Gene Deitch  

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Kunstformen der Natur (1904) by Ernst Haeckel
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Kunstformen der Natur (1904) by Ernst Haeckel

Eugene Merril Deitch (August 8, 1924 – April 16, 2020) was an American-born Czech illustrator, animator, comics artist, and film director. Based in Prague since 1959, Deitch was known for creating animated cartoons such as Munro, Tom Terrific, and Nudnik, as well as his work on the Popeye and Tom and Jerry series.

He supposedly worked with Czech animator Jiří Trnka on a feature-length animated film adaptation of The Hobbit, but Trnka's contribution could not have been more than some concept drawings.

Career

After graduating, Deitch began working for North American Aviation, drawing aircraft blueprints. In 1943, he was drafted and underwent pilot training before catching pneumonia and being honorably discharged in May of the following year. From 1945 to 1951, Deitch contributed covers and interior art to the jazz magazine The Record Changer. In the 1950s, Deitch was an early supporter and audio engineer for Connie Converse, one of the first American singer-songwriters. Converse appeared once on CBS television due in part to Deitch's connections with the network, but otherwise found little success and eventually abandoned music only to be rediscovered decades later, through recordings Deitch had made of her music in 1954.

In 1955, Deitch took a apprenticeship at the animation studio United Productions of America (UPA), and later became the creative director of Terrytoons, creating such characters as Sidney the Elephant, Gaston Le Crayon, and Clint Clobber.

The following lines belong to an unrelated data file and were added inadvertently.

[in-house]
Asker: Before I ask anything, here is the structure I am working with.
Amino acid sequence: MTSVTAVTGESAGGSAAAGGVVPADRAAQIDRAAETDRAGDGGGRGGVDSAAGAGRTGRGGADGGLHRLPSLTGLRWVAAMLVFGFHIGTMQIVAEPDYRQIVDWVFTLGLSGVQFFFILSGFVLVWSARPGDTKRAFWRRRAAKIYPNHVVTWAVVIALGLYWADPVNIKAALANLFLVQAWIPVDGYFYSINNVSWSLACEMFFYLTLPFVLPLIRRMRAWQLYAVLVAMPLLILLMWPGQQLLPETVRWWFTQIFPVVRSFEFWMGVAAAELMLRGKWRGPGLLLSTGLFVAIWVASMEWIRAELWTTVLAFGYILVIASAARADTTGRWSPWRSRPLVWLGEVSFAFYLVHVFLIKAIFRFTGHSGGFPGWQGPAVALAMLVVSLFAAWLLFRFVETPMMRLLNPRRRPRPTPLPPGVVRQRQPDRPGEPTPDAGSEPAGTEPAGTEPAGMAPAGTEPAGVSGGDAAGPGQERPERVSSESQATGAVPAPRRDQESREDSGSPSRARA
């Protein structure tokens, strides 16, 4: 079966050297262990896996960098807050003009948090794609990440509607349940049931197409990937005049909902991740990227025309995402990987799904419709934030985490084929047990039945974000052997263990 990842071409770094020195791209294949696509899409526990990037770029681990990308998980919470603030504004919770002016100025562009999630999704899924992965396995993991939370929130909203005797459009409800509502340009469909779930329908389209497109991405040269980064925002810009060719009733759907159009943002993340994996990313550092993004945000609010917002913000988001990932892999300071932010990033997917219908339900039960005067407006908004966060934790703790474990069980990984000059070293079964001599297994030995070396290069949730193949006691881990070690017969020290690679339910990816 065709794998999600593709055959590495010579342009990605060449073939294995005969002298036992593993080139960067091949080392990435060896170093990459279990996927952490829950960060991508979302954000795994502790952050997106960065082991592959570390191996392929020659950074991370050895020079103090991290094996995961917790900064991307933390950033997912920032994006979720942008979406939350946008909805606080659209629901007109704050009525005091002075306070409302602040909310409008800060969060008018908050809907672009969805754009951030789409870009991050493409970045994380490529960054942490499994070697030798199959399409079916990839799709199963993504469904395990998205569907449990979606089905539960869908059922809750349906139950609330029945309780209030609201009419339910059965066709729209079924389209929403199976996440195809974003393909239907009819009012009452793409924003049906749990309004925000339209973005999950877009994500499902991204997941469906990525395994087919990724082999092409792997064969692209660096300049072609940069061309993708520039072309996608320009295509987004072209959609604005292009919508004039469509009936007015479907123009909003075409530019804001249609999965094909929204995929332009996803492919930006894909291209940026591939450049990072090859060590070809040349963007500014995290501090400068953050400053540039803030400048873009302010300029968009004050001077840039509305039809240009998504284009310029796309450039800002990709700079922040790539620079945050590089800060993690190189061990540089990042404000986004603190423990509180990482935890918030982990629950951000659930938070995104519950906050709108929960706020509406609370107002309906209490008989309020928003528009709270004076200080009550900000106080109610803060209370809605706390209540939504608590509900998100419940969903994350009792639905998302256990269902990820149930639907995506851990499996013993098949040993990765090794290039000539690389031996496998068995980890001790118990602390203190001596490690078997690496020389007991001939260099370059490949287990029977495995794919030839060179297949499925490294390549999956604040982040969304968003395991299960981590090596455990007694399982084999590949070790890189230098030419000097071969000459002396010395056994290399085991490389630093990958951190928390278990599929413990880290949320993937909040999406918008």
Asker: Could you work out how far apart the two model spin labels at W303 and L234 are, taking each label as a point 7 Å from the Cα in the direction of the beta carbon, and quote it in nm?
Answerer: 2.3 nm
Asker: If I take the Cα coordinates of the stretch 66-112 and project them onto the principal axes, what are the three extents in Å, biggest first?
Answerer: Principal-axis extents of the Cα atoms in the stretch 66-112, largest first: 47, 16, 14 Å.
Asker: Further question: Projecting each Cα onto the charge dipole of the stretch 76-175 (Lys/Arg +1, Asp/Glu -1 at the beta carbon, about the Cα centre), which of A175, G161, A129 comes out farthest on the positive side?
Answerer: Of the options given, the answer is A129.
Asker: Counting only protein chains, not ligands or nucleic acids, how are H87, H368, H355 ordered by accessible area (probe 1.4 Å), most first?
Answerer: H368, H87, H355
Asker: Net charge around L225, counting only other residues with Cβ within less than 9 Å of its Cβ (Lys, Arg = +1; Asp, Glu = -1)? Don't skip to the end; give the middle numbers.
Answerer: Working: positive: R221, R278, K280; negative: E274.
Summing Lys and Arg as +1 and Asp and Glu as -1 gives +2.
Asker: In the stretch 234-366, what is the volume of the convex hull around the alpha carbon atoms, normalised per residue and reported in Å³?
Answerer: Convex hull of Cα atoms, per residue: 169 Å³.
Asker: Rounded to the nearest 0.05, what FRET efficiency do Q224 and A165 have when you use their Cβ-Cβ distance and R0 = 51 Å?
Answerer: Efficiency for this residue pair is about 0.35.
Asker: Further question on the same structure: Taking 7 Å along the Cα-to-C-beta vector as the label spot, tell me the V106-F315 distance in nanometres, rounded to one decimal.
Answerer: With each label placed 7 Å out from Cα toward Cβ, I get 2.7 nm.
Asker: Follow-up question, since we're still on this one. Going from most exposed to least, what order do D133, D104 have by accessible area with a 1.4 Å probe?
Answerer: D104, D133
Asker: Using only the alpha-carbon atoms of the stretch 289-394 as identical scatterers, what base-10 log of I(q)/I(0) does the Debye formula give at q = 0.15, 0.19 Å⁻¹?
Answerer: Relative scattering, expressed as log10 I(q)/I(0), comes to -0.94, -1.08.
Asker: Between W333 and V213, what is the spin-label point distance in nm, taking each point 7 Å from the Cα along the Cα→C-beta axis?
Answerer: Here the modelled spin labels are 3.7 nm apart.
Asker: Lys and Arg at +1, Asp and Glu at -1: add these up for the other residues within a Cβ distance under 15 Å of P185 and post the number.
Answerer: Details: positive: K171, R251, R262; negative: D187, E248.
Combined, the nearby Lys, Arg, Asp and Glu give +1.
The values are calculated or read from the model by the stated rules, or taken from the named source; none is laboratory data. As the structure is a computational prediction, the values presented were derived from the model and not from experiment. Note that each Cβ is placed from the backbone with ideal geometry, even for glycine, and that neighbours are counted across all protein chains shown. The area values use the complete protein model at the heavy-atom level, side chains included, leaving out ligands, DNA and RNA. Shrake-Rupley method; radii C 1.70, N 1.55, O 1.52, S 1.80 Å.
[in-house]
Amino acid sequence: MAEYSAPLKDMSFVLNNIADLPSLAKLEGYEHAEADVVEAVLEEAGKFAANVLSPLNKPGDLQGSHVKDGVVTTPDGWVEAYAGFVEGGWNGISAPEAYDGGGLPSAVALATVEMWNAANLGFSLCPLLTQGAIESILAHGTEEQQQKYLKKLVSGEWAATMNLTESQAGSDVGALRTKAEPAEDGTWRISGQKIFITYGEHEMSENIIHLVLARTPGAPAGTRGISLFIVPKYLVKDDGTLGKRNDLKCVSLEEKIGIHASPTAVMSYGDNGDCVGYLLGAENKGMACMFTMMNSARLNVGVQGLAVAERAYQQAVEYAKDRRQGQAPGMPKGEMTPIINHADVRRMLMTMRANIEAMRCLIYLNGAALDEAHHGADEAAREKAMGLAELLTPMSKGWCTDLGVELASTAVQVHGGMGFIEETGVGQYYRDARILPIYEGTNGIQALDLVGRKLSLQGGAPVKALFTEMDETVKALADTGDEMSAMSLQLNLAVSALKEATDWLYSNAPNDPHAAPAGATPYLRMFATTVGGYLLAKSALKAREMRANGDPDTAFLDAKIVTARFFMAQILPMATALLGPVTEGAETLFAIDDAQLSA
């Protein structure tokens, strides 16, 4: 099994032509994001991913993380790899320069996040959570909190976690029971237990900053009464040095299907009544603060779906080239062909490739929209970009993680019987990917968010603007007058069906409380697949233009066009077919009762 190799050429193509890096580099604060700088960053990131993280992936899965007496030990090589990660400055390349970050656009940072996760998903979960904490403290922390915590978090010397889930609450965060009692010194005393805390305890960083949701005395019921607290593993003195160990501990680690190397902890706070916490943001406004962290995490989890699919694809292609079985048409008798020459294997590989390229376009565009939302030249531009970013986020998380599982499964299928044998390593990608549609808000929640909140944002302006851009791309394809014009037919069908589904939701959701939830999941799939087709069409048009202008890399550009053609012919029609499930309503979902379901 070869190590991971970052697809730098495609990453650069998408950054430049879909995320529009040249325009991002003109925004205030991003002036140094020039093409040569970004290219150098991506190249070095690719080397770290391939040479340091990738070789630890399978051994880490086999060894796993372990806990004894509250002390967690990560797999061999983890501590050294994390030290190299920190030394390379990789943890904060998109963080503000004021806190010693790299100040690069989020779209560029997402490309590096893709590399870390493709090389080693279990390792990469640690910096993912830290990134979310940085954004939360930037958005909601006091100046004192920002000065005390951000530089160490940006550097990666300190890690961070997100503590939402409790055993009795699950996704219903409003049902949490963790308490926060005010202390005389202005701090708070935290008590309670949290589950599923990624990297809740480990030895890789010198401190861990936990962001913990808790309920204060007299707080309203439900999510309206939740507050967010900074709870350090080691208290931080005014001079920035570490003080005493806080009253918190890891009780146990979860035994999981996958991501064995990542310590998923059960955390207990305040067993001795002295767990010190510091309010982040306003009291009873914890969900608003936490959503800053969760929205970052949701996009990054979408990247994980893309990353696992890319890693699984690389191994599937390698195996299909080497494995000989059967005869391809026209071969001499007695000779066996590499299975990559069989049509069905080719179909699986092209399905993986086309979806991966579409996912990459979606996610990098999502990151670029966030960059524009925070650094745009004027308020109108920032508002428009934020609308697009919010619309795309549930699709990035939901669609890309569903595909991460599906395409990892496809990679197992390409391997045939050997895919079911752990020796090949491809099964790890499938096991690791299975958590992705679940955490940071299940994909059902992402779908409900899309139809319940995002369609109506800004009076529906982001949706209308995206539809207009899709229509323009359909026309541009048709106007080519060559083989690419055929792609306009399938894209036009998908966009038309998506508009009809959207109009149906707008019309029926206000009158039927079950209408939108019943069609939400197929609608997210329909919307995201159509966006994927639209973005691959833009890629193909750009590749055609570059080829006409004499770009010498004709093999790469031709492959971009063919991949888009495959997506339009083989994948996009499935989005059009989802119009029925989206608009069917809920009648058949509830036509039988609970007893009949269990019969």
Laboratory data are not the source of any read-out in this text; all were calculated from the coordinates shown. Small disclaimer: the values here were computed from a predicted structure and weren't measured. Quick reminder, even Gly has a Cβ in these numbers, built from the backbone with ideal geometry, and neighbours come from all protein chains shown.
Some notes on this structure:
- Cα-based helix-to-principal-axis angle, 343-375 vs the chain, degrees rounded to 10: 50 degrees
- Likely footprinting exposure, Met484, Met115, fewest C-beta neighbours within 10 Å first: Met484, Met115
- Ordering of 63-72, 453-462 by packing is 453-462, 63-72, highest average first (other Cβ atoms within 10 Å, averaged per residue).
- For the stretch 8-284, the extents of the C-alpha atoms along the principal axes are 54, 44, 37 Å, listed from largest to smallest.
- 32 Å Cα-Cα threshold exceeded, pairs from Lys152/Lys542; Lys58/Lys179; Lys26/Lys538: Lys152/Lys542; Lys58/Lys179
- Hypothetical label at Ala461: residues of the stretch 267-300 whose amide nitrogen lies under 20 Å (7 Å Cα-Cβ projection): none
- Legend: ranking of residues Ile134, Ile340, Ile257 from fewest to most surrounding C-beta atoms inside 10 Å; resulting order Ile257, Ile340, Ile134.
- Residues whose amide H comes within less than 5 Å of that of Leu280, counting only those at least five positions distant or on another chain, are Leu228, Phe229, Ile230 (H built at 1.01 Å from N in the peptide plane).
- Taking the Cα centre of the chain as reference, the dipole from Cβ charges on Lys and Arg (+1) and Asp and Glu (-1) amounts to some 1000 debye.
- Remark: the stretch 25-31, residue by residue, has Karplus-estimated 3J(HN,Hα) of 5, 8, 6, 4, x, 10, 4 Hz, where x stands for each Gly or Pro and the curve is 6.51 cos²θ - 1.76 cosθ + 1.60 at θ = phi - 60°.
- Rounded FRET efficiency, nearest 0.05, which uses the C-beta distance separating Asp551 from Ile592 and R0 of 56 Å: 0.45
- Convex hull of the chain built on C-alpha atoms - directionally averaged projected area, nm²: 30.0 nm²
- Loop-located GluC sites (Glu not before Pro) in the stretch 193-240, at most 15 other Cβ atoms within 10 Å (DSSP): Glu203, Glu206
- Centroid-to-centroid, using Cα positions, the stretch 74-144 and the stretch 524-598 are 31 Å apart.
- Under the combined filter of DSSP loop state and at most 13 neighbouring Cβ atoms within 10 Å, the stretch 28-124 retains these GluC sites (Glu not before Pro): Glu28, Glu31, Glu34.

Beginning in 1955, while working at UPA, Deitch wrote and drew the United Feature Syndicate comic strip The Real-Great Adventures of Terr’ble Thompson!, Hero of History, starring a courageous child in fantastical adventures. A skit about Terr'ble Thompson had been recorded by Little Golden Records, with actor Art Carney and bandleader Mitch Miller participating. That led to the daily strip, which ran from Sunday, October 16, 1955, to April 14, 1956.

In early 1958, his theatrical cartoon Sidney's Family Tree was nominated for an Academy Award. In August 1958, he was fired from Terrytoons and set up his own studio in New York called Gene Deitch Associates, Inc., which primarily produced television commercials.

When client Rembrandt Films promised to fund Munro, an animated theatrical short Deitch wanted to create, Deitch relocated to the company's base in Prague, Czechoslovakia, in October 1959. He originally planned to spend only ten days in Prague, but after meeting his future wife, Zdena, decided to settle permanently in the city. Munro premiered in Czechoslovakia in September 1960 and in the U.S. on October 5, 1961, as a short preceding Breakfast at Tiffany's. It won an Academy Award for Animated Short Film in 1961,